Co-Winner of the 2015 AIP Science Writing Award for Books, American Institute of Physics One of Physics World's Top Ten Books of the Year for 2014 One of The Guardian's Best Popular Physical Science Books of 2014, chosen by GrrlScientist "Whether as a text for a course or as a vehicle for self-study, this book makes for interesting, educational and thought-provoking reading."--Mark Hunacek, MAA Reviews "Adler does a grand job of showing just how powerful even basic maths and physics can be. If you're a budding back-of-the-envelope boffin not afraid of a bit of algebra, you'll love this book."--Robert Matthews, BBC Focus Magazine "I can't work out whether I love or hate this book. I love it because its analysis of the physics behind numerous accounts of magic and space exploration in fantasy and science fiction writing is fascinating. I hate it because it reveals why I will never be able to realise my dream of saying 'Beam me up, Scotty' before being teleported; or so Charles Adler has convinced me... The physics is well explained and Adler offers entertaining examples."--Noel-Ann Bradshaw, Times Higher Education "Wizards, Aliens, and Starships is a great book by itself or as a starting point for exploring the physics of space exploration as well as the classics in science fiction."--Robert Schaefer, New York Journal of Books "For those who want to learn the hard facts about the realities of space travel or the chances for alien life, and as an engaging supplemental text for physics and astronomy courses, Wizards, Aliens, and Starships would be an admirable choice."--Sidney Perkowitz, Scientists' Bookshelf "[A] rewarding and thought-provoking read."--Paul Sutherland, BBC Sky at Night "[T]his book offers a lot, not only to SF authors but to any of you who want to see the real science in operation because this supplies most of the answers you need. Make sure your copy gets a serious read and well-thumbed."--G.F. Willmetts, SFCrowsnest "This book will speak to anyone wanting to know about the correct--and incorrect--science of science fiction and fantasy."--Lunar and Planetary Information Bulletin "[T]his is an interesting, well-written book, and Adler has put a lot of work into it. It should be invaluable for anyone wanting to write really accurate science fiction."--Popular Science "There is much ... in this book to interest readers interested in astronomy and astronautics and I think it will be likely to appeal to physics students."--John Harney, Magonia "Charles L. Adler, professor in the physics department at St. Mary's College in Maryland, is one of us--he's a lifelong fan of SF, and he knows what he's talking about. And Wizards, Aliens, and Starships is a great book for Analog readers, as well as anyone who wants to write hard SF. I mean, it's got honest-to-goodness equations--and the book is dedicated to Poul Anderson... Wizards, Aliens, and Starships is a love letter to science fiction."--Don Sakers, Analog Science Fiction and Fact "Hugely entertaining and scientifically sound."--Paul Gilster, Centauri Dreams "What a fun book!"--Keith Cooper, Astronomy Now "Wizards, Aliens, and Starships manages to thread the needles of both scientific literacy and accuracy when it comes to the properties he's exploring. Whether it's conservation of mass in shapeshifting, lighting candles at Hogwarts, or building a planet, Adler keeps the science accessible and the fanboys and girls happy."--Glenn Dallas, San Francisco Book Review "Wizards, Aliens, and Starships [is] a book that combines my love for science and my love for science fiction... I did quite like this book and would recommend it for any academic library that collects popular science or science fiction. Large public libraries would also find this book to be useful as would many high school libraries. It would also make a great gift to any young person (or not so young!) who loves science fiction and has a bit of scientific background."--John Dupuis, Confessions of a Science Librarian "[T]his is a towering achievement... [I]t is certainly one of the coolest textbooks one will find anywhere... Any fan of science fiction or fantasy who wants to understand what is real and what is imaginary will almost certainly enjoy this book, and can look forward to learning what may be possible, both in great fiction and in the real universe."--Jonathan T. Malay, Quest "This is a good, interesting, well-written, and often humorous work. Adler obviously loves all types of science fiction--books, short stories, films, TV--and enjoys thinking through their scientific aspects... Overall, the book provides a thorough treatment of science fiction and an introduction to much of physics and astronomy."--Choice "[T]his is an exciting book... I would not hesitate to recommend it to anyone who is interested in understanding the relationship between physics and science fiction. Instructors of introductory physics courses, especially, will find it a valuable supplement to dry physics textbooks, and its use may even boost students' evaluations of the course. I will certainly use it in my classes."--Costas Efthimiou, Physics World "Wizards, Aliens, and Starships: Physics and Math in Fantasy and Science Fiction is a fascinating book. As I started to read it, what immediately caught my attention was the passion and excitement that author Charles Adler instills in the text. I couldn't put it down."--Edward Belbruno, Physics Today "One pleasure to be had from the book is learning how to work out why some fantastic idea is ridiculous (but another one just might succeed) from a couple of physical principles and a few lines of algebra. Another pleasure is being infected by Adler's enthusiasm for epic science fiction."--Peter Macgregor, Mathematical Gazette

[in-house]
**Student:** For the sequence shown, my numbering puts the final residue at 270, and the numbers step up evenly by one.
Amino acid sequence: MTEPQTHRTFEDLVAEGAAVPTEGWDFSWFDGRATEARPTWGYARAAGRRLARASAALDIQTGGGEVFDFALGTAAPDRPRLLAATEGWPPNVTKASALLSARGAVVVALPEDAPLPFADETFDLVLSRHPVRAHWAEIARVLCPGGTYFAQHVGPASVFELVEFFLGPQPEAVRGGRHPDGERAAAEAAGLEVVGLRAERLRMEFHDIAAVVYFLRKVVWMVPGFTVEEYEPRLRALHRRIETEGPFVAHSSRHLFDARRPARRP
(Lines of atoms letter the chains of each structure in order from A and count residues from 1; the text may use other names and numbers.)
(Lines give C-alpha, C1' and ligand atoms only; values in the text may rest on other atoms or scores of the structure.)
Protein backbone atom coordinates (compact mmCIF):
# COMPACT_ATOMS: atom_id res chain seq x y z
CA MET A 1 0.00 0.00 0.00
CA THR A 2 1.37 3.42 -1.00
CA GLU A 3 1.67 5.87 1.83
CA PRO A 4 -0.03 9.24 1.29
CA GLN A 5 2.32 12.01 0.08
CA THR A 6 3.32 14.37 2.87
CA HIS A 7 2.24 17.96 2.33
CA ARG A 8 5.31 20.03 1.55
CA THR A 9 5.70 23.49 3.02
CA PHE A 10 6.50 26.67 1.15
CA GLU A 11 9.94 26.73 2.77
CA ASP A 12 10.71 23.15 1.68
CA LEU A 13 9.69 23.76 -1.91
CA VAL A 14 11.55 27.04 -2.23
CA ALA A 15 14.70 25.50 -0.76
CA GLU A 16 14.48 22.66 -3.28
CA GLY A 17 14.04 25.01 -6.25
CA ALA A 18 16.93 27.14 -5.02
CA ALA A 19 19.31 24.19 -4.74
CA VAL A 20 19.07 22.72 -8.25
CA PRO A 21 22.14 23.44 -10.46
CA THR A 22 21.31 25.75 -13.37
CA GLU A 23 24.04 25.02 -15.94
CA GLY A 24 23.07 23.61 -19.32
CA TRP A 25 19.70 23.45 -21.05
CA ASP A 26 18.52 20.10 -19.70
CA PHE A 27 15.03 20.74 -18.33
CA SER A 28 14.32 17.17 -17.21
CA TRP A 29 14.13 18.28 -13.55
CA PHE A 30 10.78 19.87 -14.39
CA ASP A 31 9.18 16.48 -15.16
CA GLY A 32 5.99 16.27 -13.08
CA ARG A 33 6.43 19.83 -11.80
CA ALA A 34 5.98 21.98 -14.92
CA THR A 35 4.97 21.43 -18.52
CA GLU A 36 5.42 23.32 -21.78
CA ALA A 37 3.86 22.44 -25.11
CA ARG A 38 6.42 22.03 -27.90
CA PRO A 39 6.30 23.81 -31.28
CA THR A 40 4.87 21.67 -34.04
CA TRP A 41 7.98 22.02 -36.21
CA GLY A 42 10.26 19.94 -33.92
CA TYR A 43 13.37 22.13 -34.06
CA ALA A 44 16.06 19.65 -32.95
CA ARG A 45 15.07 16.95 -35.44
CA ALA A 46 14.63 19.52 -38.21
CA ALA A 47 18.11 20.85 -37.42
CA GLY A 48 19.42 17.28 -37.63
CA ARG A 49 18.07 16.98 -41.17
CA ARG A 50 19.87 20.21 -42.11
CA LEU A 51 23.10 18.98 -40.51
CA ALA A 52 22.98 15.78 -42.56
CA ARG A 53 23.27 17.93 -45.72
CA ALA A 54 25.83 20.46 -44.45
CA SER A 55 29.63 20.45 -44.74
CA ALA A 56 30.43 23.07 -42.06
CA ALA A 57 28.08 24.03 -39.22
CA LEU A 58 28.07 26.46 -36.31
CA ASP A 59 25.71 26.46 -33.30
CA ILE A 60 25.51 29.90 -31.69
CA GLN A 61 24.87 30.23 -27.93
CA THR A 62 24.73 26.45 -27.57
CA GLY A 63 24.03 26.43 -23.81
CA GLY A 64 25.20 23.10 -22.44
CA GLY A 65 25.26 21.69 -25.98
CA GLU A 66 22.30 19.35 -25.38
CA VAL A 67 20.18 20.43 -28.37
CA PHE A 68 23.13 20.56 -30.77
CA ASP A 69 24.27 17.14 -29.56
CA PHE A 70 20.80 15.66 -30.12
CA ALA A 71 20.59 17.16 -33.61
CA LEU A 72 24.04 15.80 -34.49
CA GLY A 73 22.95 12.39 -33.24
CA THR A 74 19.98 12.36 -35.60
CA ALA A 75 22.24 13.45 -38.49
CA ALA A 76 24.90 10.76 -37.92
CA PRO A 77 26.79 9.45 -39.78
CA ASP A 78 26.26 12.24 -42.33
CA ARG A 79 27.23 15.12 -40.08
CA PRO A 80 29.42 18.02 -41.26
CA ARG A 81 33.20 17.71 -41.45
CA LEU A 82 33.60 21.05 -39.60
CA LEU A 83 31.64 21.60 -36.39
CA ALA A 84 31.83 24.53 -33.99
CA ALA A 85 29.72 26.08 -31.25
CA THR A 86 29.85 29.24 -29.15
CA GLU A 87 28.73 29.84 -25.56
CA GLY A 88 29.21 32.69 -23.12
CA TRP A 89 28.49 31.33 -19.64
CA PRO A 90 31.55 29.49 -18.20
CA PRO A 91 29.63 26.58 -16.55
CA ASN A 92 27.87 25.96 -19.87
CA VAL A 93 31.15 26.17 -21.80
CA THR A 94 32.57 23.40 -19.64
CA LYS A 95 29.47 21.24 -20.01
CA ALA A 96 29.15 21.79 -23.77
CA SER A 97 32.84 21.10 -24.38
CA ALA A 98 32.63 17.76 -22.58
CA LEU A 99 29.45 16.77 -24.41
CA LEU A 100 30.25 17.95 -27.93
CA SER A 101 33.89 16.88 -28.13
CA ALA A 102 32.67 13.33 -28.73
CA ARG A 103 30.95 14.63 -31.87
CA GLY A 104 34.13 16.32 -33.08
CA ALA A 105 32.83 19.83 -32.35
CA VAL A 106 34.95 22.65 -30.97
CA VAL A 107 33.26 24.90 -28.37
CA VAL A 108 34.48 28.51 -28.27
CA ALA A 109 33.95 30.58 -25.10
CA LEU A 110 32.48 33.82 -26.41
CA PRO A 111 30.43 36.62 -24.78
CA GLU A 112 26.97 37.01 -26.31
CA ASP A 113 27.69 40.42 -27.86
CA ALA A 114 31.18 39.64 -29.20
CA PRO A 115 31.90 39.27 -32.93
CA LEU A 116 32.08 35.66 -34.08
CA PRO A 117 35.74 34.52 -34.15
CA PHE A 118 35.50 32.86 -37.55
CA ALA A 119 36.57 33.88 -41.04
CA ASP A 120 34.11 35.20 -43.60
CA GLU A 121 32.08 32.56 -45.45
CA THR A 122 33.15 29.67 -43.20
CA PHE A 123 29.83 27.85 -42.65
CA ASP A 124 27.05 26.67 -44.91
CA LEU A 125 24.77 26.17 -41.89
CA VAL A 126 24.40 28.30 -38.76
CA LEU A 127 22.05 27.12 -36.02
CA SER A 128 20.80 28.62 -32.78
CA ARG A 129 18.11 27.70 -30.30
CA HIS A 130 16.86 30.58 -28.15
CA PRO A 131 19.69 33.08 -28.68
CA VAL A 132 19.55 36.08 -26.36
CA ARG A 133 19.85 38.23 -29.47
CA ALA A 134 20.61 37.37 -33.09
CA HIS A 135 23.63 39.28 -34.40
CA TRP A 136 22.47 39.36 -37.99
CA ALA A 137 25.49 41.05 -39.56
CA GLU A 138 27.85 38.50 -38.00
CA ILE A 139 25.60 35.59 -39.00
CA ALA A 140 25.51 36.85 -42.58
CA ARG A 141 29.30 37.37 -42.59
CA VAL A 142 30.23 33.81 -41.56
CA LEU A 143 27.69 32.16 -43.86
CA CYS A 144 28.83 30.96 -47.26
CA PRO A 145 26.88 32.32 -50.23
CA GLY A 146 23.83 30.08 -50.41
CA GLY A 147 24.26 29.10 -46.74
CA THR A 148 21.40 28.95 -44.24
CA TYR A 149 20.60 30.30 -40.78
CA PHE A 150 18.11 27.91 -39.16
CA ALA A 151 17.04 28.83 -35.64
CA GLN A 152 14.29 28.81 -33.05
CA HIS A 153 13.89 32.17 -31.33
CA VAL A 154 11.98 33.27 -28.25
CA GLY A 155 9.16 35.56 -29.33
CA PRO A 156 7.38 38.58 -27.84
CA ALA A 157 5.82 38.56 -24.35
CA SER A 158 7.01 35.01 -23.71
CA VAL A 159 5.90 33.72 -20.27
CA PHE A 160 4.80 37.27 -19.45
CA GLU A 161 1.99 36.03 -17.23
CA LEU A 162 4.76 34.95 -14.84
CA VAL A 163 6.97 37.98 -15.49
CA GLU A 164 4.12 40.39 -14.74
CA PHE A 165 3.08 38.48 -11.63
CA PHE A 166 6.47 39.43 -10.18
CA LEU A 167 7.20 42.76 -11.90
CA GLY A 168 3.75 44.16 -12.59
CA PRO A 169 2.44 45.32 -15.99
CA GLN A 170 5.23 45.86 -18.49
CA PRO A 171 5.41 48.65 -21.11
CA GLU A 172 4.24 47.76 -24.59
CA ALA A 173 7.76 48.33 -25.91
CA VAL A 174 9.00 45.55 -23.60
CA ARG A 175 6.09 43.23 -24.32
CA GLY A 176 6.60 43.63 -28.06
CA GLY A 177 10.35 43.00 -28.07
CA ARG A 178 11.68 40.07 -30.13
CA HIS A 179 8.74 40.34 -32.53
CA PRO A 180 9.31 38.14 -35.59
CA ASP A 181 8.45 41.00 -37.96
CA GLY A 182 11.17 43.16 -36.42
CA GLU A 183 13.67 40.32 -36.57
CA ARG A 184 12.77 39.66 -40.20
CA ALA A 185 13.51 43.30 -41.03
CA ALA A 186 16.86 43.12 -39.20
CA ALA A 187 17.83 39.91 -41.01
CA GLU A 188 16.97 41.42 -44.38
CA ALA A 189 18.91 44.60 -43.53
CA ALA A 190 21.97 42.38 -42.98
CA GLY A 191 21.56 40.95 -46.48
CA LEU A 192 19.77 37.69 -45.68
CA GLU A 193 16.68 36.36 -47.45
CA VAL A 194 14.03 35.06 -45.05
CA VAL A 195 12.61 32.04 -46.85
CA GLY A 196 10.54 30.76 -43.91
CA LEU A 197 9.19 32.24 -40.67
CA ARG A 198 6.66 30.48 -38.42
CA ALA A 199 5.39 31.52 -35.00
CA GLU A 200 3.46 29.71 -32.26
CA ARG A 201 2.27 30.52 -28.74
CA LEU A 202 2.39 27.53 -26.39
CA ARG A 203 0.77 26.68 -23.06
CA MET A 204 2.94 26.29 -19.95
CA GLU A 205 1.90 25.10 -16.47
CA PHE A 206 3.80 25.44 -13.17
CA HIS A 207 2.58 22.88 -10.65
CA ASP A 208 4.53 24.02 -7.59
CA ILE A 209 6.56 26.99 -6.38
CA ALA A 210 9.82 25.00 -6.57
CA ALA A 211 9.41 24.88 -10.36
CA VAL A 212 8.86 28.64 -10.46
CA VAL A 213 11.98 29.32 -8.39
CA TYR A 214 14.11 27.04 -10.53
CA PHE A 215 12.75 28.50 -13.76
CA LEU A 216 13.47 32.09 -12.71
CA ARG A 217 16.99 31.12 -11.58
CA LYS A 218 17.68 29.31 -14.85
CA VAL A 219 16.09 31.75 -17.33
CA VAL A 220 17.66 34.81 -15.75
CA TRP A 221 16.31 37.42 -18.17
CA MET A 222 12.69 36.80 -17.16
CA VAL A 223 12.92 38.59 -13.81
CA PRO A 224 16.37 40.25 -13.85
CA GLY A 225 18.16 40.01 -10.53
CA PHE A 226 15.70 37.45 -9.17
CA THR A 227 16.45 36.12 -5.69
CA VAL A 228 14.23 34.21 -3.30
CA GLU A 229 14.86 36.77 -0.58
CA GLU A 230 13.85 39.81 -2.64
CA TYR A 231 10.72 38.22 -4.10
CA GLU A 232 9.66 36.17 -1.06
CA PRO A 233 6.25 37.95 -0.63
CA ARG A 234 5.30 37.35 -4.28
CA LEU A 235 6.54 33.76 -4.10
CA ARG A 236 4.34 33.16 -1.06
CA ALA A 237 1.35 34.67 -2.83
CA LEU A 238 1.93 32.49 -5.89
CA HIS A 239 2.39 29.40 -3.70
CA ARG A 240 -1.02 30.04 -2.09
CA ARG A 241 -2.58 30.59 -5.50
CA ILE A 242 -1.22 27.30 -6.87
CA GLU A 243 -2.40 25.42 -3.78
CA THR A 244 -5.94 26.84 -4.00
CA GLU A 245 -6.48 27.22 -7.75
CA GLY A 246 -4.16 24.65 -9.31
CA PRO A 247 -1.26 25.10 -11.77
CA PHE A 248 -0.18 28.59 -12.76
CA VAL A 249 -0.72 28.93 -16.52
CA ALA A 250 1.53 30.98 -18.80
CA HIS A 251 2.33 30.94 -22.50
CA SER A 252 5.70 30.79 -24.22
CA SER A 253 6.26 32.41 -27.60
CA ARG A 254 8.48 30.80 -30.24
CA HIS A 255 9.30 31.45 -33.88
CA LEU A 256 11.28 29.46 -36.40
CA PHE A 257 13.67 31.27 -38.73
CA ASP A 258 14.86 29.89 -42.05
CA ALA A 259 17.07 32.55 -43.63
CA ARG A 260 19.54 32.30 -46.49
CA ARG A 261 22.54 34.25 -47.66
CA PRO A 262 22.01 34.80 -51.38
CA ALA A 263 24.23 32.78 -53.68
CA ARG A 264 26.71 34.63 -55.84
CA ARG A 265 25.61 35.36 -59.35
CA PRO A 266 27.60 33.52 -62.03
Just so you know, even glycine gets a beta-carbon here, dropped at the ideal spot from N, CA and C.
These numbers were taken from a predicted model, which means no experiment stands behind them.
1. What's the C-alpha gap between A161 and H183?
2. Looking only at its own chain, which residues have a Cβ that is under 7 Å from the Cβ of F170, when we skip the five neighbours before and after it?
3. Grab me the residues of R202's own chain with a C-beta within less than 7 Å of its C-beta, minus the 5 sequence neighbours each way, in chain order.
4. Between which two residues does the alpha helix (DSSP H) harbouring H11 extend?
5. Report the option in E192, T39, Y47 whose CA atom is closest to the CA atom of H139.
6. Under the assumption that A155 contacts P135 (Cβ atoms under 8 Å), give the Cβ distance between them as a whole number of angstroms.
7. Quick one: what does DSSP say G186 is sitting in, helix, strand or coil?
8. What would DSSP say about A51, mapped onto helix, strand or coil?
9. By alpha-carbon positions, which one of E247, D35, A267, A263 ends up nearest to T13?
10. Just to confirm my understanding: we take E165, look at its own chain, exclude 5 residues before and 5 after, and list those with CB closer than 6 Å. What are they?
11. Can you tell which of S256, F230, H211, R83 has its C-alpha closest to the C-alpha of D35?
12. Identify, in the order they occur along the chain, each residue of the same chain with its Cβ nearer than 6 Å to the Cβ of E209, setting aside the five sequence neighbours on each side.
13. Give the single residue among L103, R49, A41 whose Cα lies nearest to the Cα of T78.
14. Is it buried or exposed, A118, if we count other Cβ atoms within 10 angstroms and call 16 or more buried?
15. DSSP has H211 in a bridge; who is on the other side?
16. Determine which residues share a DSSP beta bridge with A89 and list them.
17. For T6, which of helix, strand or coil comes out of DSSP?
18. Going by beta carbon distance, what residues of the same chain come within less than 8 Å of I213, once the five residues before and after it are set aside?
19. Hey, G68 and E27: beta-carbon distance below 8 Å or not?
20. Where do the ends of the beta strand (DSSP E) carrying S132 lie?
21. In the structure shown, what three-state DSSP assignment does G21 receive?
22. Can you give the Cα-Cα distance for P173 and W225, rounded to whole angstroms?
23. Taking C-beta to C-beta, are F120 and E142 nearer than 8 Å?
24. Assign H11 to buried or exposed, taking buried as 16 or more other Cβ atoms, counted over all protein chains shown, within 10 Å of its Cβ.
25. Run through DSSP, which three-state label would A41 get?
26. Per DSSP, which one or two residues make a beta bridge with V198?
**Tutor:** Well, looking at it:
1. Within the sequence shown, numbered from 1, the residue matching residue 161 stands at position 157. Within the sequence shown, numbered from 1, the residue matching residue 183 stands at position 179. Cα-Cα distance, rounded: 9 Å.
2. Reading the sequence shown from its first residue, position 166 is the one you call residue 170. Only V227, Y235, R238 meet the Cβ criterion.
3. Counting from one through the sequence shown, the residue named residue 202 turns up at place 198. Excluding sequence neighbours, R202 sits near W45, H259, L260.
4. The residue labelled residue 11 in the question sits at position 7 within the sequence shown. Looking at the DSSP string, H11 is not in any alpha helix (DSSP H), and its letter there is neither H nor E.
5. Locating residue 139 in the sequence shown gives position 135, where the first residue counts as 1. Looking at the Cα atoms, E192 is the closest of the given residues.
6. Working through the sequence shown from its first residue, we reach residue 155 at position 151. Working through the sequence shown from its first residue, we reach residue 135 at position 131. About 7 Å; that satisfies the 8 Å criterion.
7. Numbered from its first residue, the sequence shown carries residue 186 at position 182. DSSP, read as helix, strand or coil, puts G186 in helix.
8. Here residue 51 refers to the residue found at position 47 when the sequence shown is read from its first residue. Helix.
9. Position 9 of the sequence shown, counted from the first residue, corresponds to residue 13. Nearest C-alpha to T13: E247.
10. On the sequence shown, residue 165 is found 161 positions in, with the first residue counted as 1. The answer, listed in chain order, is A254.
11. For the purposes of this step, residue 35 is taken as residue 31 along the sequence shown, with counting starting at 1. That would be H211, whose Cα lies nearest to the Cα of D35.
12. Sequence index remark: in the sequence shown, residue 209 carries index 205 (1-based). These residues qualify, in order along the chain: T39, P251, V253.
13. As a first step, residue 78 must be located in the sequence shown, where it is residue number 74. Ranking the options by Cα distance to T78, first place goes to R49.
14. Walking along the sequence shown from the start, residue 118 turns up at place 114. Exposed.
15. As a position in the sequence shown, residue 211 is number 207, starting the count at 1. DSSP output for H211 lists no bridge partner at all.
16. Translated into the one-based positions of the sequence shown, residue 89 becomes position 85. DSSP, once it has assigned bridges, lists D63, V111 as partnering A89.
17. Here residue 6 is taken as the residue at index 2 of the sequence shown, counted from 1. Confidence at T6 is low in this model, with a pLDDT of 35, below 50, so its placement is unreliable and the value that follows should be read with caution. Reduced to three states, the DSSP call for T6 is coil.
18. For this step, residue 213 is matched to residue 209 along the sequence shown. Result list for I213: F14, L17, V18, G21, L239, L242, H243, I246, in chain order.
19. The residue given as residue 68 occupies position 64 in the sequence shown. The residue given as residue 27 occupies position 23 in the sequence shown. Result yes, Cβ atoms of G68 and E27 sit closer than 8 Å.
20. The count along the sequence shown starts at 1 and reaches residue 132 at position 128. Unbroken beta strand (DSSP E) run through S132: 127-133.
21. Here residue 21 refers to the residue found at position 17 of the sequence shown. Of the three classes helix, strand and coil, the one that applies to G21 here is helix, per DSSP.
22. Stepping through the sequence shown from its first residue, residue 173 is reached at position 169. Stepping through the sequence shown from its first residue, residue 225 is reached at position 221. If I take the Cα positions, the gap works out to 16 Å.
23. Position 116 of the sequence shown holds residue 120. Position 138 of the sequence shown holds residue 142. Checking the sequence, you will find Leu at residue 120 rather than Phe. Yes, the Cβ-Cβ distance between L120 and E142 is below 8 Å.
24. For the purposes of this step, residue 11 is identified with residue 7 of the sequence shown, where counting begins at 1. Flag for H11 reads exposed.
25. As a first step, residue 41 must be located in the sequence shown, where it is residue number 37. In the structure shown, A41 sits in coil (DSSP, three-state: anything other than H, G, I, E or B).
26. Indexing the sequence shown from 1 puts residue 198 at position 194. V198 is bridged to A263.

Co-Winner of the 2015 AIP Science Writing Award for Books, American Institute of Physics One of Physics World's Top Ten Books of the Year for 2014 One of The Guardian's Best Popular Physical Science Books of 2014, chosen by GrrlScientist "Whether as a text for a course or as a vehicle for self-study, this book makes for interesting, educational and thought-provoking reading."--Mark Hunacek, MAA Reviews "Adler does a grand job of showing just how powerful even basic maths and physics can be. If you're a budding back-of-the-envelope boffin not afraid of a bit of algebra, you'll love this book."--Robert Matthews, BBC Focus Magazine "I can't work out whether I love or hate this book. I love it because its analysis of the physics behind numerous accounts of magic and space exploration in fantasy and science fiction writing is fascinating. I hate it because it reveals why I will never be able to realise my dream of saying 'Beam me up, Scotty' before being teleported; or so Charles Adler has convinced me... The physics is well explained and Adler offers entertaining examples."--Noel-Ann Bradshaw, Times Higher Education "Wizards, Aliens, and Starships is a great book by itself or as a starting point for exploring the physics of space exploration as well as the classics in science fiction."--Robert Schaefer, New York Journal of Books "For those who want to learn the hard facts about the realities of space travel or the chances for alien life, and as an engaging supplemental text for physics and astronomy courses, Wizards, Aliens, and Starships would be an admirable choice."--Sidney Perkowitz, Scientists' Bookshelf "[A] rewarding and thought-provoking read."--Paul Sutherland, BBC Sky at Night "[T]his book offers a lot, not only to SF authors but to any of you who want to see the real science in operation because this supplies most of the answers you need. Make sure your copy gets a serious read and well-thumbed."--G.F. Willmetts, SFCrowsnest "This book will speak to anyone wanting to know about the correct--and incorrect--science of science fiction and fantasy."--Lunar and Planetary Information Bulletin "[T]his is an interesting, well-written book, and Adler has put a lot of work into it. It should be invaluable for anyone wanting to write really accurate science fiction."--Popular Science "There is much ... in this book to interest readers interested in astronomy and astronautics and I think it will be likely to appeal to physics students."--John Harney, Magonia "Charles L. Adler, professor in the physics department at St. Mary's College in Maryland, is one of us--he's a lifelong fan of SF, and he knows what he's talking about. And Wizards, Aliens, and Starships is a great book for Analog readers, as well as anyone who wants to write hard SF. I mean, it's got honest-to-goodness equations--and the book is dedicated to Poul Anderson... Wizards, Aliens, and Starships is a love letter to science fiction."--Don Sakers, Analog Science Fiction and Fact "Hugely entertaining and scientifically sound."--Paul Gilster, Centauri Dreams "What a fun book!"--Keith Cooper, Astronomy Now "Wizards, Aliens, and Starships manages to thread the needles of both scientific literacy and accuracy when it comes to the properties he's exploring. Whether it's conservation of mass in shapeshifting, lighting candles at Hogwarts, or building a planet, Adler keeps the science accessible and the fanboys and girls happy."--Glenn Dallas, San Francisco Book Review "Wizards, Aliens, and Starships [is] a book that combines my love for science and my love for science fiction... I did quite like this book and would recommend it for any academic library that collects popular science or science fiction. Large public libraries would also find this book to be useful as would many high school libraries. It would also make a great gift to any young person (or not so young!) who loves science fiction and has a bit of scientific background."--John Dupuis, Confessions of a Science Librarian "[T]his is a towering achievement... [I]t is certainly one of the coolest textbooks one will find anywhere... Any fan of science fiction or fantasy who wants to understand what is real and what is imaginary will almost certainly enjoy this book, and can look forward to learning what may be possible, both in great fiction and in the real universe."--Jonathan T. Malay, Quest "This is a good, interesting, well-written, and often humorous work. Adler obviously loves all types of science fiction--books, short stories, films, TV--and enjoys thinking through their scientific aspects... Overall, the book provides a thorough treatment of science fiction and an introduction to much of physics and astronomy."--Choice "[T]his is an exciting book... I would not hesitate to recommend it to anyone who is interested in understanding the relationship between physics and science fiction. Instructors of introductory physics courses, especially, will find it a valuable supplement to dry physics textbooks, and its use may even boost students' evaluations of the course. I will certainly use it in my classes."--Costas Efthimiou, Physics World "Wizards, Aliens, and Starships: Physics and Math in Fantasy and Science Fiction is a fascinating book. As I started to read it, what immediately caught my attention was the passion and excitement that author Charles Adler instills in the text. I couldn't put it down."--Edward Belbruno, Physics Today "One pleasure to be had from the book is learning how to work out why some fantastic idea is ridiculous (but another one just might succeed) from a couple of physical principles and a few lines of algebra. Another pleasure is being infected by Adler's enthusiasm for epic science fiction."--Peter Macgregor, Mathematical Gazette